The city of Orange holds the best-preserved Roman amphitheater in the Western world.
Going to the theatre was a popular pastime for ancient Romans. Performances were intended to educate spectators and to spread Roman culture, as well as to entertain.
The most popular plays were: “la comédie” (the comedy); “la tragédie” (the tragedy); and the pantomomime.
The Romans conquered the Gauls in 36BC and (as was also the case in other cities) built a forum, a temple, thermal baths and this theatre to make Orange more Romanesque.
The “Théâtre Antique d’Orange” was built early in the 1st century BC, under the rule of Emperor Augustus.
It was listed as a French National Monument in 1862 and was declared a UNESCO “patrimoine mondial” (World Heritage Site) in 1981.
The impressive stage wall was built using yellow and white limestone from a local quarry. 16 centuries later, King Louis the 14th proudly declared it: “La plus belle muraille de mon Royaume” (The most beautiful wall in my Kingdom). It stands 103m long and 37m high!
Our audioguide informed us that to this day, “spectacles” (shows) such as “l’opera” “comédies musicales”, “la danse” and “les concerts rock et pop” are still performed here.
Early audiences would have expected the actors to perform certain customs and gestures in order to understand the meaning of the plays.Pantomimes were predominantly silent meaning that, in order to make themselves understood, the actors’ artistry had to be impeccable. There were fourteen hand positions that had to be performed perfectly in order for the audience to keep up with the plot.
Masks were commonly worn to depict characterisations. Large ears reflected malice; palour was used to portray illness or immorality and red cheeks were for love and romance. Likewise slaves could be identified by their red wigs; the elderly, by white wigs and blonde wigs represented youth or foolishness. Even their attire and the way their robed were draped were emblematic of their emotional state.
Sadly, as non-citizens, these traveling “histrions” (story-tellers) were considered outcasts and ostracised by society. In spite of this, some became wealthy and famous and scandalously managed to wangle their way into classy cohorts.
The semi-circular arena, known as “cavea” (terraces) was carved into a hillside called Saint Eutropius. This served to make the structure more sound as well as to lower the cost of building.
Up to 10,000 spectators can be seated in the hemicycle.
In Roman culture, the theatre was open to all and “gratuit” (free of charge) but by no means could the socio-economic groups “se mélanger” (mix). Low walls were placed between seating areas and separate entrances and stairways were provided for the purpose of keeping the classes separate,
The first three rows, directly in front of the orchestra, were reserved for wealthy aristocrats – the town’s “crème de la crème”. Behind them, sat “les marchands et artisans” (merchants and artisans). Then came the “plebeians” (plebs/common folk) and right at the back, the “polarités” made up of slaves, beggars and prostitutes.
The doors in the wings of the stage allowed for vehicles, such as horse-drawn chariots, to enter the action. The wooden stage floor was originally overlaid with marble. The columns and statues of the facade in front of the wall were also made of marble.
Below is an historian’s impression of what the amphitheater would have looked like when it was first constructed.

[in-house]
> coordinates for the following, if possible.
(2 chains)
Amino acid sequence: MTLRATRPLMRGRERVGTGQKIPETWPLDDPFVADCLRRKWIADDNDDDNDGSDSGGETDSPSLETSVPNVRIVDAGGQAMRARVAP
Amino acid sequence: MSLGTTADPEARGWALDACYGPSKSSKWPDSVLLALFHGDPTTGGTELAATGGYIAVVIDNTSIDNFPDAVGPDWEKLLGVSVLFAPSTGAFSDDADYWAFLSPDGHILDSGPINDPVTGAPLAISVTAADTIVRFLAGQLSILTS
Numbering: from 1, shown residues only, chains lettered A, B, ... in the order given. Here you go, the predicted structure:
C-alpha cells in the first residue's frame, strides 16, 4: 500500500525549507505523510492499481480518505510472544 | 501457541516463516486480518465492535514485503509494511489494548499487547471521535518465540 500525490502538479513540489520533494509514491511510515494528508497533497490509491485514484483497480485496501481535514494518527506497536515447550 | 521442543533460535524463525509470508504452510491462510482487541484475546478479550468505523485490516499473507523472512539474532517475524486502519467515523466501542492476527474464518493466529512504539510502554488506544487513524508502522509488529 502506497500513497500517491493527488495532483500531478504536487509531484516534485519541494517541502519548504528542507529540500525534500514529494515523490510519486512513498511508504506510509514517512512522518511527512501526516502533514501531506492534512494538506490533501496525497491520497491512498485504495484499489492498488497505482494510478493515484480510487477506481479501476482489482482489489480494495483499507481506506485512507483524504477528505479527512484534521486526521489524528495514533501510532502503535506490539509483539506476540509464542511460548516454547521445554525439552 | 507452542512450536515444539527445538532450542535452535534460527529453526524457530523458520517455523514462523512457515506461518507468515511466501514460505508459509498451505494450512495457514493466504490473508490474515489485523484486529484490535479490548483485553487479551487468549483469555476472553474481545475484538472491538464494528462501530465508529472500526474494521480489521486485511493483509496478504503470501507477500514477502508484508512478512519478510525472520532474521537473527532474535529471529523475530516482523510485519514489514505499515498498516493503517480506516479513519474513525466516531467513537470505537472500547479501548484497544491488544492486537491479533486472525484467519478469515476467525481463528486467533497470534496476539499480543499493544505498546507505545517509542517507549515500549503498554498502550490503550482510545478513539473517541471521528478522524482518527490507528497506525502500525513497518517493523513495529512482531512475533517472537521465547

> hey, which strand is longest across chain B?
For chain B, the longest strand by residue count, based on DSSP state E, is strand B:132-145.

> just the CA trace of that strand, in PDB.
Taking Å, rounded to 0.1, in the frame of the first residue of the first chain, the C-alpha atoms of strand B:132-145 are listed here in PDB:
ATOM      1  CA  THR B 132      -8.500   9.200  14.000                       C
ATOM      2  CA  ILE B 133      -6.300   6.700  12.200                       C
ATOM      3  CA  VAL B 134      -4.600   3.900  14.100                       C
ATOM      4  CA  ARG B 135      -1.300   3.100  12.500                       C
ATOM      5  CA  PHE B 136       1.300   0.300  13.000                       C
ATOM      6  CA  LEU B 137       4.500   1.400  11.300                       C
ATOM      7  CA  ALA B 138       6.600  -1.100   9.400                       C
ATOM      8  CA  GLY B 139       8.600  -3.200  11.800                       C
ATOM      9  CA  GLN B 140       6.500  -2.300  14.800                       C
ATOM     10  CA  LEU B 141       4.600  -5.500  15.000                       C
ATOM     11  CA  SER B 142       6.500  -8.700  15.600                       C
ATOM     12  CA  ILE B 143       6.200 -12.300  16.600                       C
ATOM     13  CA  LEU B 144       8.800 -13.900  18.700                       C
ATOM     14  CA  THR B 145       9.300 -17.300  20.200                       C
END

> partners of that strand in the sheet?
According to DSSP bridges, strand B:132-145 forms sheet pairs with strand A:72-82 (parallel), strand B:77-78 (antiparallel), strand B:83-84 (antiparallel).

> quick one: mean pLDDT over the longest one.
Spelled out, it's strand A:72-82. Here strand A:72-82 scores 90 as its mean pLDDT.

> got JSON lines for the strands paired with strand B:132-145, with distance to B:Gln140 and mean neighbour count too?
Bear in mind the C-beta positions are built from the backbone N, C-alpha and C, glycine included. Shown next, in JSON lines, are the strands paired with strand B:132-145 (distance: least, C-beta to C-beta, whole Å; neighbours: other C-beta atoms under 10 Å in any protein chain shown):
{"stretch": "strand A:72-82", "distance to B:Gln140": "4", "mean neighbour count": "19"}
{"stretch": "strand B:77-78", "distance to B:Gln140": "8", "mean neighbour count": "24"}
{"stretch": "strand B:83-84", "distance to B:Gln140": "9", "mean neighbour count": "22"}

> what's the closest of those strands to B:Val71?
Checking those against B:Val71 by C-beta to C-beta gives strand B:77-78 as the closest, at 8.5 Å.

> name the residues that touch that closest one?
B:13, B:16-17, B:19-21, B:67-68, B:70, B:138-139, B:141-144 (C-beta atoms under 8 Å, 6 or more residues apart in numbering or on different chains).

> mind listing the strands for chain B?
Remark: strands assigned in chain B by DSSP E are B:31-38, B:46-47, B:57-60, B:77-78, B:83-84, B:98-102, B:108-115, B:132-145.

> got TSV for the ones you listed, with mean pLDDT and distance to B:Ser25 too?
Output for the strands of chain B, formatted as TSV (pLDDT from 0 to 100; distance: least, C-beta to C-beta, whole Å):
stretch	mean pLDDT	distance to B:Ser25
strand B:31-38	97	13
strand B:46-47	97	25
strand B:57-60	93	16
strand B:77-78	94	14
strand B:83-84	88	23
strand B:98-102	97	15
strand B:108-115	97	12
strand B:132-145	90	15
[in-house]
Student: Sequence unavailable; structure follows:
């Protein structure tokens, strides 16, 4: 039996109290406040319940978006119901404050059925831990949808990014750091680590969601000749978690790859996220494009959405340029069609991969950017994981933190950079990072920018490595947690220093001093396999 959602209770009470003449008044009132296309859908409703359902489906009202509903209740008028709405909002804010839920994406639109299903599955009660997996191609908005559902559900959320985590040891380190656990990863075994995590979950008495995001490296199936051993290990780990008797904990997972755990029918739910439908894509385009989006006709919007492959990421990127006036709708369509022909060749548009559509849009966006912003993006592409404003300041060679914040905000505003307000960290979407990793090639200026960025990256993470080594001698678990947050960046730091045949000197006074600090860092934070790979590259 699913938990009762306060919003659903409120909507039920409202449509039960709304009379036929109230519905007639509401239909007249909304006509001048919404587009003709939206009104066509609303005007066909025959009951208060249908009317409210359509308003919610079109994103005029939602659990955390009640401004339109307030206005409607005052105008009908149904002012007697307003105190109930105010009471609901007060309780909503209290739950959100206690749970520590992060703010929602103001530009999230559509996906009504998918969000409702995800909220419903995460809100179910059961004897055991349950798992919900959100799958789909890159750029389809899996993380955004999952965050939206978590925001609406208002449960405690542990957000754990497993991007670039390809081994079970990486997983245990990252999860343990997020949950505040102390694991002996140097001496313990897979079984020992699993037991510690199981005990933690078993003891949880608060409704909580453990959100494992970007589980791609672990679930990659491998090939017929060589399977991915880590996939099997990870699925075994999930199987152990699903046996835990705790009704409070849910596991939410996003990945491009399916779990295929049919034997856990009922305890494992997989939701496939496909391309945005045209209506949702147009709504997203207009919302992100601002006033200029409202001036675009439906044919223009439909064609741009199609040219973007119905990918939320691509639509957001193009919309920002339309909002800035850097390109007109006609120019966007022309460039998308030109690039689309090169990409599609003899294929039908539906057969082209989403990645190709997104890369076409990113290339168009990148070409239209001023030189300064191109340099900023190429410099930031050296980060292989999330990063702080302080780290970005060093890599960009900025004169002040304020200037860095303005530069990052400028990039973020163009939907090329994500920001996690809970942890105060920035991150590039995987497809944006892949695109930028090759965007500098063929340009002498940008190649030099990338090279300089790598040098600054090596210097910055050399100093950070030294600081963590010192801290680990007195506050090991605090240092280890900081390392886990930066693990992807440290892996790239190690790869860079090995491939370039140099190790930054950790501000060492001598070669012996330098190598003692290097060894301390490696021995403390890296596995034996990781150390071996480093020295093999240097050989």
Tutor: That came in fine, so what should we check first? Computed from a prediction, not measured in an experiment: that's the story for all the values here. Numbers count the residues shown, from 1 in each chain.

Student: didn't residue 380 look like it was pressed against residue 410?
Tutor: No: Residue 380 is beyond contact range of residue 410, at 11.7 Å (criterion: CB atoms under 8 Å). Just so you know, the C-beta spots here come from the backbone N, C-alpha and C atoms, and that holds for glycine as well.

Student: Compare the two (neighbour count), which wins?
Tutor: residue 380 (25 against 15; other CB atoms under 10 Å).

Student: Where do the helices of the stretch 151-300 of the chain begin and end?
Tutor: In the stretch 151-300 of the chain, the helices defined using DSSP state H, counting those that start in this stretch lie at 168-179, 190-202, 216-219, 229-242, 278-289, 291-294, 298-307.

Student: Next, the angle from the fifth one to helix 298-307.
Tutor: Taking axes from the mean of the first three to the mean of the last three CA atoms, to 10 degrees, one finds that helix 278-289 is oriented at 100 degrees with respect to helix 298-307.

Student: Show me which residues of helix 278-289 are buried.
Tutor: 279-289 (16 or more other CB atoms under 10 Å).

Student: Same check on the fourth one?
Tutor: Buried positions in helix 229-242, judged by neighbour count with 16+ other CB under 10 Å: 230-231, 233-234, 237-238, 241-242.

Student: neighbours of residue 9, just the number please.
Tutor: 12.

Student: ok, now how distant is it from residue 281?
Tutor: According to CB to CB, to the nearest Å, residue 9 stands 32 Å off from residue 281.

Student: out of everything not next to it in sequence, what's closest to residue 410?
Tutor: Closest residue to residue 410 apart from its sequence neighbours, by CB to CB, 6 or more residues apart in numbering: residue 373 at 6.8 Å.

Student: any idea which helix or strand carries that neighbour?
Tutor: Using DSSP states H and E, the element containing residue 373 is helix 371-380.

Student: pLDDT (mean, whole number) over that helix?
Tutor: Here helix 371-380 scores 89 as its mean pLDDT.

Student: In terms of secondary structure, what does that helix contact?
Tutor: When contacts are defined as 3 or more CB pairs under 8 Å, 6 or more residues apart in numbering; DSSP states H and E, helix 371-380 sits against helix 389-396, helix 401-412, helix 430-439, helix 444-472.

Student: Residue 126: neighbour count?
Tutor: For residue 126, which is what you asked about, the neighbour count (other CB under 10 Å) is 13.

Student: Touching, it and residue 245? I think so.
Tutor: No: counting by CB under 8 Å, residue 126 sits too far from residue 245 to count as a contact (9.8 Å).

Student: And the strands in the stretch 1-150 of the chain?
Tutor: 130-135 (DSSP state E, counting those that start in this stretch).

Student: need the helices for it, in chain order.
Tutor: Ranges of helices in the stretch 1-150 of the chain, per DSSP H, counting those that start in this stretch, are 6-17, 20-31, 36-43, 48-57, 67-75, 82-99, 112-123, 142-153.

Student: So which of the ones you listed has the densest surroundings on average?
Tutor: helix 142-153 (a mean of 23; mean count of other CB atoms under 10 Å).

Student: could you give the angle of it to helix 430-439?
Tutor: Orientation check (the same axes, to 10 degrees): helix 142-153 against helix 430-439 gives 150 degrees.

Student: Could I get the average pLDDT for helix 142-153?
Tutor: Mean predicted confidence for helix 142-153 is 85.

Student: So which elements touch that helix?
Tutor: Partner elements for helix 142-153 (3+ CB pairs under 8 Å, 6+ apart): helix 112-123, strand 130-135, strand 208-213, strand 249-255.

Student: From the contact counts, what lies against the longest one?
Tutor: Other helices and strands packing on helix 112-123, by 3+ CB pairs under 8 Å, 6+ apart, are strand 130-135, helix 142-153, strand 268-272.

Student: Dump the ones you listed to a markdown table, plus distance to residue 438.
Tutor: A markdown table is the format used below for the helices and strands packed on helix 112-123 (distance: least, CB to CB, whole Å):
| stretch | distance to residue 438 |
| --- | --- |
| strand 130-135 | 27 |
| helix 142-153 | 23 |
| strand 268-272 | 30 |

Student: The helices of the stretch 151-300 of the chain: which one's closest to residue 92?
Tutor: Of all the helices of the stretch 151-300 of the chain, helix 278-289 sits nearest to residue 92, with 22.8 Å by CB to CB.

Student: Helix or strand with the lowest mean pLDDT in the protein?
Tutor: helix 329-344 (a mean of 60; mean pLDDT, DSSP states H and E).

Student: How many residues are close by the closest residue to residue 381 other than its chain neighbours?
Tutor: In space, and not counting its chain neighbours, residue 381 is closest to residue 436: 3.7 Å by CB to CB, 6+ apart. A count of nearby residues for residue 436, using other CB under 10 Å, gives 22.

Notice the intricate detail of the marble facade in front of the stage wall. Take note also of the walls separating the seating areas.
The original wooden roof was destroyed in a fire; most likely as a result of the lively practice of attracting audiences by using “effets spéciaux” (special effects) such as lighting real fires on stage. In 2004 a new roof was constructed out of 200 tons of glass and steel! The architect’s mandate was to create a roof that cast no shadows; to enhance the acoustics; to protect the wall from further weathering; to allude to the ancient atmosphere and to be aesthetically pleasing… Whew!! What an undertaking.
Marble statues of the reigning emperor were a-dime-a-dozen, back in the day. Hundreds of them were made in Rome and sent out wherever they were needed. They were designed so that their heads could be removed and interchanged every time a new emperor came into power – quite literally – ‘off with his head’!
Behind the seating area were passages and caves known as “ambulatories”.
Here, Patrons could escape the heat of the day and purchase refreshments.
In 337, Constantine converted to Christianity and outlawed the public performances. Across the empire, theatres were either turned into churches, destroyed or left to decay; as was the case with this one in Orange. It was later used as a prison during the French Revolution.
Just next to the amphitheater lie the ruins of an ancient temple.
Archeologists surmise that it is a 2nd century construction, created in honour of the emperor (possibly Antoninus-Pius who ruled Rome from 138 until 161). Emperors were worshipped as deities once they had died and experienced, what the Romans believed to be, an “apothéose” (apotheosis – transformation into a god).
Pottery and board games were found within the temple ruins.
The actual artefacts are kept in the local museum but these replicas are on display on site.
Here are a few more pretty sights we saw in Orange:
For lunch, I managed to to convince the troop to try a restaurant that served pukka Provençal-fusion fare.
“Quiche au poulet” (Chicken Quiche) for the two “plus jeunes” (youngest).
“Tartine indienne ” (Indian open sandwich) for Mr B and Mr J. “Tartine italienne” with prosciutto and sun-dried tomatoes, for Miss R (sadly no pic).
And a truly Roman “salade César” (Caesar salad) “pour moi” (for me).
I deem it a real privilege to be able to access these doorways into ancient civilisations.